UK cybercops cuff 19 ZeuS banking Trojan suspects
Gang blamed for £6m losses in three months
Updated UK police have arrested 19 cybercrime suspects who allegedly used the ZeuS crimeware toolkit to capture online banking credentials before looting victims' bank accounts.
A total of 15 men and four women, aged between 23 and 47 years old, were arrested in dawn raids on in London Tuesday by officers from the newly established Police Central e-Crime Unit (PCeU), which is based in Scotland Yard. Investigators reckon the group is collectively responsible for the theft of £6m over the last three months from thousands of victims.
The suspects were arrested on suspicion of offences computer hacking and fraud offences and taken into custody for questioning. Two of those arrested will also be quizzed over the alleged possession of a firearm.
Police worked with the banking industry in the investigation that led up to Tuesday's arrests.
Detective Chief Inspector Terry Wilson of the PCeU, said: "We've worked closely with UK banks through our Virtual Taskforce approach to gather information and evidence which has resulted in today's arrests."
"We believe we have disrupted a highly organised criminal network, which has used sophisticated methods to siphon large amounts of cash from many innocent peoples' accounts, causing immense personal anxiety and significant financial harm."
"Online banking customers must make sure their security systems are up to date and be alert to any unusual or additional security features requested which is at variance with their normal log-on experience. Greater public awareness and education will make it harder for personal details to be compromised and for this type of fraud to be carried out," he added.
The arrests follow reports from security firms including Trusteer and M86 Security of a series of targeted attacks at UK bank accounts using the ZeuS crimeware toolkit. ZeuS is most often used as a banking Trojan but it also lends itself to spam distribution or denial of service attacks. Customised copies of the malware are traded on underground carding forums, an business that's highly unlikely to suffer any disruption from this week's arrests.
PCeU officers separately arrested two suspected ZeuS-using cybercrooks in Manchester last November. ®
Not sure about the UK
...but in the states, it's my understanding that the bank is responsible for reimbursing the accounts in the event of fraudulent transactions of this type (again, AFAIK that protection does not apply to 419 type scams) similar to credit cards.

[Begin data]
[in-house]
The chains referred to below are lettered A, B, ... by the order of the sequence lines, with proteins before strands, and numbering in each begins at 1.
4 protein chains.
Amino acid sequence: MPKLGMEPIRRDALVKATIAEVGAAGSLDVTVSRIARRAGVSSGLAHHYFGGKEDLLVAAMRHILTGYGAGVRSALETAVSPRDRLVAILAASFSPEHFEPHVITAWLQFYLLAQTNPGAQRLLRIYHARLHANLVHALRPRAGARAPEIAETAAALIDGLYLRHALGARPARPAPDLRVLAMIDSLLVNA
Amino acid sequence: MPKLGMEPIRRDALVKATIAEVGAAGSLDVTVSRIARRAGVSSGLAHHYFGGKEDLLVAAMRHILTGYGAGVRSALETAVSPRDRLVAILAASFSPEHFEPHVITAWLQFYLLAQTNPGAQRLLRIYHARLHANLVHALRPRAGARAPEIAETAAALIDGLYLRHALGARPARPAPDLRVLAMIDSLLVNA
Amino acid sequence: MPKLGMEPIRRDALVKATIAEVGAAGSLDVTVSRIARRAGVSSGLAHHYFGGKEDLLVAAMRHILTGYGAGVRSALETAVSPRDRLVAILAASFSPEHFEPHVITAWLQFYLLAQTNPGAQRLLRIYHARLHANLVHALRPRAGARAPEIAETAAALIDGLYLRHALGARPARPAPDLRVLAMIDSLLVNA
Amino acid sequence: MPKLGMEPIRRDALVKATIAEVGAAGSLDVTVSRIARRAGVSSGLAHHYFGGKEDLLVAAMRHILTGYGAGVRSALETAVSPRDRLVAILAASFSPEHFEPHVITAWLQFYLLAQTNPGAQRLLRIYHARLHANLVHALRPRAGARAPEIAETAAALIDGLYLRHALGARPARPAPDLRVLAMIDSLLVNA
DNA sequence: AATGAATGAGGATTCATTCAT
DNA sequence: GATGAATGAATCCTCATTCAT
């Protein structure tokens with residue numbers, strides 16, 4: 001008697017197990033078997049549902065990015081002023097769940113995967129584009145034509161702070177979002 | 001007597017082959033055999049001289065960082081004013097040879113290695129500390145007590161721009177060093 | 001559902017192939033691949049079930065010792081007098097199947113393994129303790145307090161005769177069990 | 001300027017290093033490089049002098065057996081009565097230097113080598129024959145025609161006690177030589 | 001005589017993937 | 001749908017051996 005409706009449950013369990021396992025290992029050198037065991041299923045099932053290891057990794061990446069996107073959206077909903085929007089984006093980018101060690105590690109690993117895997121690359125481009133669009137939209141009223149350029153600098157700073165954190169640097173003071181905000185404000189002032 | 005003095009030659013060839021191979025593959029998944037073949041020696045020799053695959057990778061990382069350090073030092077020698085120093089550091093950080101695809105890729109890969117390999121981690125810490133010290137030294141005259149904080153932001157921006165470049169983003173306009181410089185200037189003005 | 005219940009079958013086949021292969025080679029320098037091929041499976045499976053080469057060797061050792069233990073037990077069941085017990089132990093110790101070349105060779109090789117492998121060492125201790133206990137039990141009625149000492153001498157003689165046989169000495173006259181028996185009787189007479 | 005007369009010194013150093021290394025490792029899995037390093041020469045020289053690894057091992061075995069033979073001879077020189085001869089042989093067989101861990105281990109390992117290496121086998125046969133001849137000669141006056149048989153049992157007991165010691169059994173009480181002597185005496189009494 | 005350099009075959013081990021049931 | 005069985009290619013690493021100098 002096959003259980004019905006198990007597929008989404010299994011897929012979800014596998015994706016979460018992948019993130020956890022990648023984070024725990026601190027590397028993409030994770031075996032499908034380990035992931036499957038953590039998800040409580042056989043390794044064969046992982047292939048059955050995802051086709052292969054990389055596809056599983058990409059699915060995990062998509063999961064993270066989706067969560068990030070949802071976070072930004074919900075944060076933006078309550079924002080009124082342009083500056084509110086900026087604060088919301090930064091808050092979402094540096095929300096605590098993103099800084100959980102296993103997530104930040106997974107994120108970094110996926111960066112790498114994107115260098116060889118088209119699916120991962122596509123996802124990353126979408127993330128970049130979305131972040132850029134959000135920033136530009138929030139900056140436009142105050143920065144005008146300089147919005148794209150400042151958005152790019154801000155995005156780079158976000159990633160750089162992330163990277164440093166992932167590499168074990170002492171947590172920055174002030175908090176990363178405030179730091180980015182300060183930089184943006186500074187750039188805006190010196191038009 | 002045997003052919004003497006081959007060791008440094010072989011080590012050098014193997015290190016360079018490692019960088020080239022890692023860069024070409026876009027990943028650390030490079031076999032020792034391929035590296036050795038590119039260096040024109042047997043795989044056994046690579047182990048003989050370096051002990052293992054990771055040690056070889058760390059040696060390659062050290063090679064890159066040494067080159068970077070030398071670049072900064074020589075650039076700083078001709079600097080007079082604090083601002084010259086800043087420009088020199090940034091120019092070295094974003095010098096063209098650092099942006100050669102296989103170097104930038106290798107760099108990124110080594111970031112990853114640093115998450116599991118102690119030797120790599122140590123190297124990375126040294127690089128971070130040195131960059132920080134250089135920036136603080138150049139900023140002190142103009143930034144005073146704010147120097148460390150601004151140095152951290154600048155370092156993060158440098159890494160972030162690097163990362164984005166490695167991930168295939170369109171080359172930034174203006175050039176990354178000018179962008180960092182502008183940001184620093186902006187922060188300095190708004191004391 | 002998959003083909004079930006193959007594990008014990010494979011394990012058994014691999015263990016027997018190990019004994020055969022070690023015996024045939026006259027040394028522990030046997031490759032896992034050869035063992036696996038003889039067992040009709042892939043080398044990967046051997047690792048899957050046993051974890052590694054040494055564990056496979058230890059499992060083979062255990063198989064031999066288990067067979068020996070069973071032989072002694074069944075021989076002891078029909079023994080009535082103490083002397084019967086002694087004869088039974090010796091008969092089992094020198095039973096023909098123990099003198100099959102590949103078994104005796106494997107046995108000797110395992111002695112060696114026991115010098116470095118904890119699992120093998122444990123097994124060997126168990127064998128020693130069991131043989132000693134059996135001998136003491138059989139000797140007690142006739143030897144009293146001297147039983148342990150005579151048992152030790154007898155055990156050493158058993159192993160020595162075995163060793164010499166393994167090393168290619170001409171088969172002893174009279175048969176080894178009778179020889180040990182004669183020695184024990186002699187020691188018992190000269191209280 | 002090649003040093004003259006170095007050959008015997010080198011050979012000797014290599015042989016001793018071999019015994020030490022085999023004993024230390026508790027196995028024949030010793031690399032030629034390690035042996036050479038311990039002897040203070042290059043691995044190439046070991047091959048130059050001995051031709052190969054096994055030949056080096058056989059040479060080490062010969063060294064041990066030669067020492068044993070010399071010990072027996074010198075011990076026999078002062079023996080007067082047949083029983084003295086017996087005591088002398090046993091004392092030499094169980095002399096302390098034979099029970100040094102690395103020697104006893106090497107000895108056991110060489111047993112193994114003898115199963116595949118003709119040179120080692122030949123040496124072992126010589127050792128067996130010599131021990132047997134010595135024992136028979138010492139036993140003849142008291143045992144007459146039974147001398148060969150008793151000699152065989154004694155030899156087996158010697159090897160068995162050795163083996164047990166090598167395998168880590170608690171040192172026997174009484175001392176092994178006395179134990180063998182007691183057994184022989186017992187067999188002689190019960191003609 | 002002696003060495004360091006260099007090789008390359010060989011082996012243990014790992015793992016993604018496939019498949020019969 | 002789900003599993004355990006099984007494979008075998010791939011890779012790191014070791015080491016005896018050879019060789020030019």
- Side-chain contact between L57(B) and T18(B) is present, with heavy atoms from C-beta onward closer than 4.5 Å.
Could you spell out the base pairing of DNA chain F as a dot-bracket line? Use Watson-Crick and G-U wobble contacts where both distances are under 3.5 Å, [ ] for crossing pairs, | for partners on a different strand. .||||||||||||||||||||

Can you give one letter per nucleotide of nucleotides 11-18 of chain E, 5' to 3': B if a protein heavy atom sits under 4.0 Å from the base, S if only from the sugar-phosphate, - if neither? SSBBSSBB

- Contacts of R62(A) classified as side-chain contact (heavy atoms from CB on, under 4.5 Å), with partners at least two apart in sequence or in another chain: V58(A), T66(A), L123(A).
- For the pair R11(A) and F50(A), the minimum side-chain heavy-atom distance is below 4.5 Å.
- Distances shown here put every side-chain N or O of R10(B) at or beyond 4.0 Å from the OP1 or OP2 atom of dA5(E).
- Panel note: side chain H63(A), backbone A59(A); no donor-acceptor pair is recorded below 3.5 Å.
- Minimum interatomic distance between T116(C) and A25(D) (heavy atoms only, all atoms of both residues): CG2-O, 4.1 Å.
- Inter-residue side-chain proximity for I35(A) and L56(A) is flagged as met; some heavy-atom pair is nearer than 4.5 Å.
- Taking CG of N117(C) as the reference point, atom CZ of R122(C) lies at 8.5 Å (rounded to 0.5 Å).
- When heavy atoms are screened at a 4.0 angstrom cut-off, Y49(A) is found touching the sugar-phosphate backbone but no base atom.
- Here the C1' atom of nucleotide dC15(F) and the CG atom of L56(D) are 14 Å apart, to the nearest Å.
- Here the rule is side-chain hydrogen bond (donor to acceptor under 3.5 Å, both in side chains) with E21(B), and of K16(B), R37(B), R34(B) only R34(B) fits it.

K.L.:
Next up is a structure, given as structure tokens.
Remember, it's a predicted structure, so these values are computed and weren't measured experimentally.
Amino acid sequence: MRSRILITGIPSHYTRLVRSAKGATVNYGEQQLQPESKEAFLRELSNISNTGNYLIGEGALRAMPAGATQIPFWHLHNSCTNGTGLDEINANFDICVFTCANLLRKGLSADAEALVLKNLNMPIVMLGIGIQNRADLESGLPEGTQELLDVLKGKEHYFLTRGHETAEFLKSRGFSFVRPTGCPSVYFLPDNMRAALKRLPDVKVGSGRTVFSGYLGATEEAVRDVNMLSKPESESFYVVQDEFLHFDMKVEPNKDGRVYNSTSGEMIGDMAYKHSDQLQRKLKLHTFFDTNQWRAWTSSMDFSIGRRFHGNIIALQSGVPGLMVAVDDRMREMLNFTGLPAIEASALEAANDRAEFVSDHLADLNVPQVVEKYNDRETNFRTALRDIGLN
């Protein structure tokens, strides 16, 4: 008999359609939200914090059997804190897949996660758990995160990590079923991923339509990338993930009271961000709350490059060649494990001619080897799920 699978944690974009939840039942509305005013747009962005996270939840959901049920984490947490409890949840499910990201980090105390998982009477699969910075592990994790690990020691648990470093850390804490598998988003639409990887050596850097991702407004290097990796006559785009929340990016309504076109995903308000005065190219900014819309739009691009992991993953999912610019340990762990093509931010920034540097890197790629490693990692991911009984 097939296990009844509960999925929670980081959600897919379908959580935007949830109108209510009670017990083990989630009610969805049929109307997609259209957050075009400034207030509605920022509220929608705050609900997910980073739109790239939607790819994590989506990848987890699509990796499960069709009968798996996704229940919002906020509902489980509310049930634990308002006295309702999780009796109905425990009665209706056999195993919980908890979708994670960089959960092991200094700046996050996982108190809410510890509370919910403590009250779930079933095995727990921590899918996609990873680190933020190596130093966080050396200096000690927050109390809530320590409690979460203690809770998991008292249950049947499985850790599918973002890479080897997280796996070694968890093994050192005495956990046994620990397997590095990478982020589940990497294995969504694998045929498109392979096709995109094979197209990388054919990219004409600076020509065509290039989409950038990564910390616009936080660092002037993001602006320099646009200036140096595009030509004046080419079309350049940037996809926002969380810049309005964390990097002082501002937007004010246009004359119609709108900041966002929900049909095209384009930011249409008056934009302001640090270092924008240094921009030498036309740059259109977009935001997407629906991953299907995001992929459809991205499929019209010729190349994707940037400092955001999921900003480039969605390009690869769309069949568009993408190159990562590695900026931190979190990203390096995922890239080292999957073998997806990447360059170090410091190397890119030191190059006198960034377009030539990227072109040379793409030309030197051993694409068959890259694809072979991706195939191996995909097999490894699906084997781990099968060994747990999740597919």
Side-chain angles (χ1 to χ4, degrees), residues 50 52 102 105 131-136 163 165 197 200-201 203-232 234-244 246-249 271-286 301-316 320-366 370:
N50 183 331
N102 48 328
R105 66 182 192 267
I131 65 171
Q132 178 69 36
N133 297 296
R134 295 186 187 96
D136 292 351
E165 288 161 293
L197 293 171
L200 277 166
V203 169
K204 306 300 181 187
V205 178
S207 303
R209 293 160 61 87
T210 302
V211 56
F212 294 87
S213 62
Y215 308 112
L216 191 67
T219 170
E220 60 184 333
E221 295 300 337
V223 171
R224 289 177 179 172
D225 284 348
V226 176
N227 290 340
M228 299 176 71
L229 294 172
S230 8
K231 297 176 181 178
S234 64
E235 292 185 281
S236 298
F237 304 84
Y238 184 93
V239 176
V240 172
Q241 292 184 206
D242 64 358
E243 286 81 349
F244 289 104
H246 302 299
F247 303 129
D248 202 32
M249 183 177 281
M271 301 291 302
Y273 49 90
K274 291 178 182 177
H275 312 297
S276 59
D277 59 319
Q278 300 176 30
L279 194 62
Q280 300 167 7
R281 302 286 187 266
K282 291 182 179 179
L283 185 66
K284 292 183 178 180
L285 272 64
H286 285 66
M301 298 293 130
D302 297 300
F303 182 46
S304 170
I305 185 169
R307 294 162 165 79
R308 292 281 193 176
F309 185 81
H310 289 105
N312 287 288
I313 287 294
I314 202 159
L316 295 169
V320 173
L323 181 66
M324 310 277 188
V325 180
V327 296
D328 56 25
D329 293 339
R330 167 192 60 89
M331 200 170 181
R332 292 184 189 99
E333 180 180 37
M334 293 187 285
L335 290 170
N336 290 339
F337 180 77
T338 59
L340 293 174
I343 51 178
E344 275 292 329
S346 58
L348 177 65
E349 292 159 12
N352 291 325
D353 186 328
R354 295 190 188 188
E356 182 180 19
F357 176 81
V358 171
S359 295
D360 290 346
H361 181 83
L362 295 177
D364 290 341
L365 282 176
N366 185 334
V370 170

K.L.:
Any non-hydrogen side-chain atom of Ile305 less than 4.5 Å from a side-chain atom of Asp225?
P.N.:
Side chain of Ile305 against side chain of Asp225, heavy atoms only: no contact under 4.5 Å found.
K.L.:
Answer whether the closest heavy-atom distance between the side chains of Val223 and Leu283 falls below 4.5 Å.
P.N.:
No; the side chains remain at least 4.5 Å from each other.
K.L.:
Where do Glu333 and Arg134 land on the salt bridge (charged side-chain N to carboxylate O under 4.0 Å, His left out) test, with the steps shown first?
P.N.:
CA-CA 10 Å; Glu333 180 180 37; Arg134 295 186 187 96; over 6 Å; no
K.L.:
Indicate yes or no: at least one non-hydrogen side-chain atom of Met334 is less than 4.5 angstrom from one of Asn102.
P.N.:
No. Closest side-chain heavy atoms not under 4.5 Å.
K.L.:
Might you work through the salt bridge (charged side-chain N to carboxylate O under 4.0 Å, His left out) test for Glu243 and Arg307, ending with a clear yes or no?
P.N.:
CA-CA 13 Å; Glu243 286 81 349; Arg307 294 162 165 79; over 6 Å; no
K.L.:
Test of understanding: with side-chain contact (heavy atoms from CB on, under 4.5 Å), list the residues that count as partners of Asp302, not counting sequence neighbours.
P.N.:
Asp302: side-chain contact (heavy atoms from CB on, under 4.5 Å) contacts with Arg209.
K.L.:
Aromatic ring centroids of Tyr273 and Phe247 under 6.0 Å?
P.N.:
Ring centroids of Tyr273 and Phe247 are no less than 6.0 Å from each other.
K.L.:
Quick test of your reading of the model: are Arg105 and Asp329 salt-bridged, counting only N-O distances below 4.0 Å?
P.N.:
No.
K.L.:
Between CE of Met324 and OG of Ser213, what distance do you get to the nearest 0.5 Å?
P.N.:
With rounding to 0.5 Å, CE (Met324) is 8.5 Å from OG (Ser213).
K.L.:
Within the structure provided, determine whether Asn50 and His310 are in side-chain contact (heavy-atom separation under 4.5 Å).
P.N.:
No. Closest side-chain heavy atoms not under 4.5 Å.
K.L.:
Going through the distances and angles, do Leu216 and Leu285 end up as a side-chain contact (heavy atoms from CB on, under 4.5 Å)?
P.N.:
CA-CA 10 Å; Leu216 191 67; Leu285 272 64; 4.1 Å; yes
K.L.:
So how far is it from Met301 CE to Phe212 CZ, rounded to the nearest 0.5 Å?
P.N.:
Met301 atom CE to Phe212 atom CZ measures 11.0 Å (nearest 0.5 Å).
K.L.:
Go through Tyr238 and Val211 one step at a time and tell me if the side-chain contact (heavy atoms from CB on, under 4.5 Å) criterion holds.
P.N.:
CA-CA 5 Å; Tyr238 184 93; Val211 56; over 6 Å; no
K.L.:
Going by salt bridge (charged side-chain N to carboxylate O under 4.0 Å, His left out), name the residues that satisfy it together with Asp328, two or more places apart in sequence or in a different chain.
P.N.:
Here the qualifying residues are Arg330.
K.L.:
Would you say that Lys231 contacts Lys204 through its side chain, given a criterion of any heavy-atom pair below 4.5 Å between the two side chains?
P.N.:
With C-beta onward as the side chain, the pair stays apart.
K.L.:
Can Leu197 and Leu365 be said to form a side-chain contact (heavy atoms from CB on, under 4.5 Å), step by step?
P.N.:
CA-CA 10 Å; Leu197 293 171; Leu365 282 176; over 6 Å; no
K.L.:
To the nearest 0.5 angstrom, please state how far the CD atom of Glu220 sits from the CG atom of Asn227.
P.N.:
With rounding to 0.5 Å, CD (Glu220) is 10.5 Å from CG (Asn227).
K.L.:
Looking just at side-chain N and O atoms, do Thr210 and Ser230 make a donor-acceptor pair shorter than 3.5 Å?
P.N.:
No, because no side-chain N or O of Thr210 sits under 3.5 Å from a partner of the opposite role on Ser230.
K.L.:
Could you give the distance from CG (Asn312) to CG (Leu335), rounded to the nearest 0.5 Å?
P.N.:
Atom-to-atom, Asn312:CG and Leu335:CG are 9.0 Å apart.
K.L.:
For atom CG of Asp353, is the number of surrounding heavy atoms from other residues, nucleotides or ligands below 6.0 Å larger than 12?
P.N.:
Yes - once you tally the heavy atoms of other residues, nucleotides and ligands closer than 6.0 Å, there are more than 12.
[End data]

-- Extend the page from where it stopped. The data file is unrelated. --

That said, the impact of a situation like this typically goes beyond the account balance. Depending on the balance and amount stolen this type of issue could have caused bounced checks, missed payments to other creditors (mortgage, car, credit cards, etc), which could have caused additional financial impact (late fees) not to mention impact to credit.
So in short, unless the UK is substantively different than the US on this, the victims should get their money back but that probably won't go very far to making things right.
Can't wait ...
... to see what the surnames of alleged perps are and any association with ethnic/national minorities in the UK.
RE: Unfortuanatly (sic)
".....The only "safe" way to do Internet banking is from a bootable Linux Live CD...." That won't save you from decoy sites using man-in-the-middle attacks via poisoned DNS to capture your login details. In that case, even bootable Linux CDs are vulnerable as the casue of the issue is higher up the stack on someone else's DNS device (or your cable/ADSL router). The only safe way is simply not to do online banking, fullstop. Call me a Luddite if you wish, but until my bank supplies an RSA fob and makes all logins and responses happen inside a minimum transaction time and with a checked route (to defeat man-in-the-middle attacks), I'm not interested.
One of the simplest ways to make internet banking secure would be to have access only permitted from a number of devices ( by MAC address and OS unique ID) and the typical route to that device known (as in, if Mr Smith normally makes requests via a BT Home Hub and goes three hops via the same exchange every day, but suddenly starts making requests from a new device in Russia, the login gets denied). Sure, that would put a cramp on mobile banking, but I'm not particularly interested in flashing my bank details over WiFi or 3G either.